Dutch Viper driver leads the pack against ISIS

Hands up! When the ground crew check the aircraft after landing, pilots have to show them they're not touching anything! (Image © Dennis Spronk)
Hands up! When the ground crew check the aircraft after landing, pilots have to show them they’re not touching anything! (Image © Dennis Spronk)

Over the weekend, coalition air forces once against struck Islamic State (ISIS) targets. One mission, consisting of 15 combat aircraft, was led by a Royal Netherlands Air Force (RNLAF) F-16 pilot, marking the first time in twenty years a Dutch pilot was in charge of a large strike formation.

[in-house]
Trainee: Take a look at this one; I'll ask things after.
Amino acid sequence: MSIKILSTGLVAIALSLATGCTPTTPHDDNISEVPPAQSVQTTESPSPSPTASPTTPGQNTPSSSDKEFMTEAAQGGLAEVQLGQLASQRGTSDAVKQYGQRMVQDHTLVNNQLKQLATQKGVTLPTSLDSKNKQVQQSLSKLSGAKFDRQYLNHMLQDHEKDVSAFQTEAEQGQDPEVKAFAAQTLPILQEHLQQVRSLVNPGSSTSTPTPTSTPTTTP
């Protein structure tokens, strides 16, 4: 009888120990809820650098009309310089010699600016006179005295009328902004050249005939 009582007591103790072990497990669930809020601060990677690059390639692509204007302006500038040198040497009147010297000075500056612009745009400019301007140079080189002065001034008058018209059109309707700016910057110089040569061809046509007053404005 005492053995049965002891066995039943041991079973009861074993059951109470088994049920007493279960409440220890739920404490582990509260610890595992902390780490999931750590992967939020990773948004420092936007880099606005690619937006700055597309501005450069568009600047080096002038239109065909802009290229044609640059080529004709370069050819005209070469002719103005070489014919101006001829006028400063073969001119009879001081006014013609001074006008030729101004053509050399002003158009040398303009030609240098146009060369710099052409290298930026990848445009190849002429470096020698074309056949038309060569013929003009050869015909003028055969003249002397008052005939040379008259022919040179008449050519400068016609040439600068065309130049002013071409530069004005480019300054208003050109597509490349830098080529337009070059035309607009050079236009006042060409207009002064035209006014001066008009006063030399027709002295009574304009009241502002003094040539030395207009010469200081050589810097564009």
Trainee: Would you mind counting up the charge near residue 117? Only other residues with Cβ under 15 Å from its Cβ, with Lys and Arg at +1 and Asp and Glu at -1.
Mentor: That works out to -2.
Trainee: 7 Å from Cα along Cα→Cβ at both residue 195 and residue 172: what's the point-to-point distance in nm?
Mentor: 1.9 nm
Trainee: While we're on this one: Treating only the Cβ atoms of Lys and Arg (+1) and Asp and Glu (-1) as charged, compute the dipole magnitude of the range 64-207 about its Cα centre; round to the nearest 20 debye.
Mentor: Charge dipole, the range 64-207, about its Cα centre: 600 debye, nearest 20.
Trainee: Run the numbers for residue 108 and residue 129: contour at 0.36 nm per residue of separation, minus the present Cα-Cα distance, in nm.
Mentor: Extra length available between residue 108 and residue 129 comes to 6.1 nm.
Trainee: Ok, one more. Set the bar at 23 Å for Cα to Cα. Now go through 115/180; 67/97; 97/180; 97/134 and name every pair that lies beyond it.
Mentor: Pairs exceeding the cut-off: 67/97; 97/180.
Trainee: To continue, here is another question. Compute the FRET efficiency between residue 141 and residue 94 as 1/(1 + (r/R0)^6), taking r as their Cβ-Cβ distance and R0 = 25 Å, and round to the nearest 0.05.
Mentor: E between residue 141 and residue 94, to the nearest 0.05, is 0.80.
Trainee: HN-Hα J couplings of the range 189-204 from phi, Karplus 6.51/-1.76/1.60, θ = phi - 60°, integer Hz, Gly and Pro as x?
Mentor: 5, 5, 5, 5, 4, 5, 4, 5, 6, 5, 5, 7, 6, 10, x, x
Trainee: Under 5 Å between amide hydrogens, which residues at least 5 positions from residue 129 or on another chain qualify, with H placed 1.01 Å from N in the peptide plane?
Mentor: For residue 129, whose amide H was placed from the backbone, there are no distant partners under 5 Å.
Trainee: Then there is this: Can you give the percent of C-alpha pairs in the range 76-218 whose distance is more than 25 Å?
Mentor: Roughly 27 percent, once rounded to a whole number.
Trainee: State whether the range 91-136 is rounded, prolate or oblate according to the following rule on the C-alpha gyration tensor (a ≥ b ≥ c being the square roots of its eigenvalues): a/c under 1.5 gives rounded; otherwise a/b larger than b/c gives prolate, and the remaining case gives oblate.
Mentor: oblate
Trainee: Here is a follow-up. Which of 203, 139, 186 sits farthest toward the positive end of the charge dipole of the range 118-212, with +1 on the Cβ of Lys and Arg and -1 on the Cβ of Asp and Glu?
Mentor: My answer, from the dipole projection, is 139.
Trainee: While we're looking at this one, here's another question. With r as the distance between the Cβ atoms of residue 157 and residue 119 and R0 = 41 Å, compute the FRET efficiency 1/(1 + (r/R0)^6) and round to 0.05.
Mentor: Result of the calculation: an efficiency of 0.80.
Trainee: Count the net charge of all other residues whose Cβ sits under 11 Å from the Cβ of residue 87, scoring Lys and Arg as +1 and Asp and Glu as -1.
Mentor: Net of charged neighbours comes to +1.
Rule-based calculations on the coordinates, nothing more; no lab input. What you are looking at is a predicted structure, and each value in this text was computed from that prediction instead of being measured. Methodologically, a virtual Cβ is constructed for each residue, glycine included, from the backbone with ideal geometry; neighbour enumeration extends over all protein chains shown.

The strike was carried out in the vicinity of Mosul in northern Iraq, targeting munition depots and a command center, say Dutch authorities. Aircraft involved were four Dutch F-16, a US Air Force Rockwell B-1B bomber and a Royal Air Force E-3 AWACS.

A Dutch commander was apparently chosen because the Dutch performed well since the beginning of Operation Inherent Resolve, the name given to the operation that is meant to drive ISIS force out of Iraq and Syria, although Dutch pilots are only allowed to operate over the former.

The last time a Dutch Viper driver led a large bomber package was on 21 November 1994 during the war in former Yugoslavia. On that day, a formation of close to 40 NATO aircraft short of obliterated Udbina Airbase in Croatia, used by Bosnian Serb aircraft.

© 2014 Airheadsfly.com editor Elmer van Hest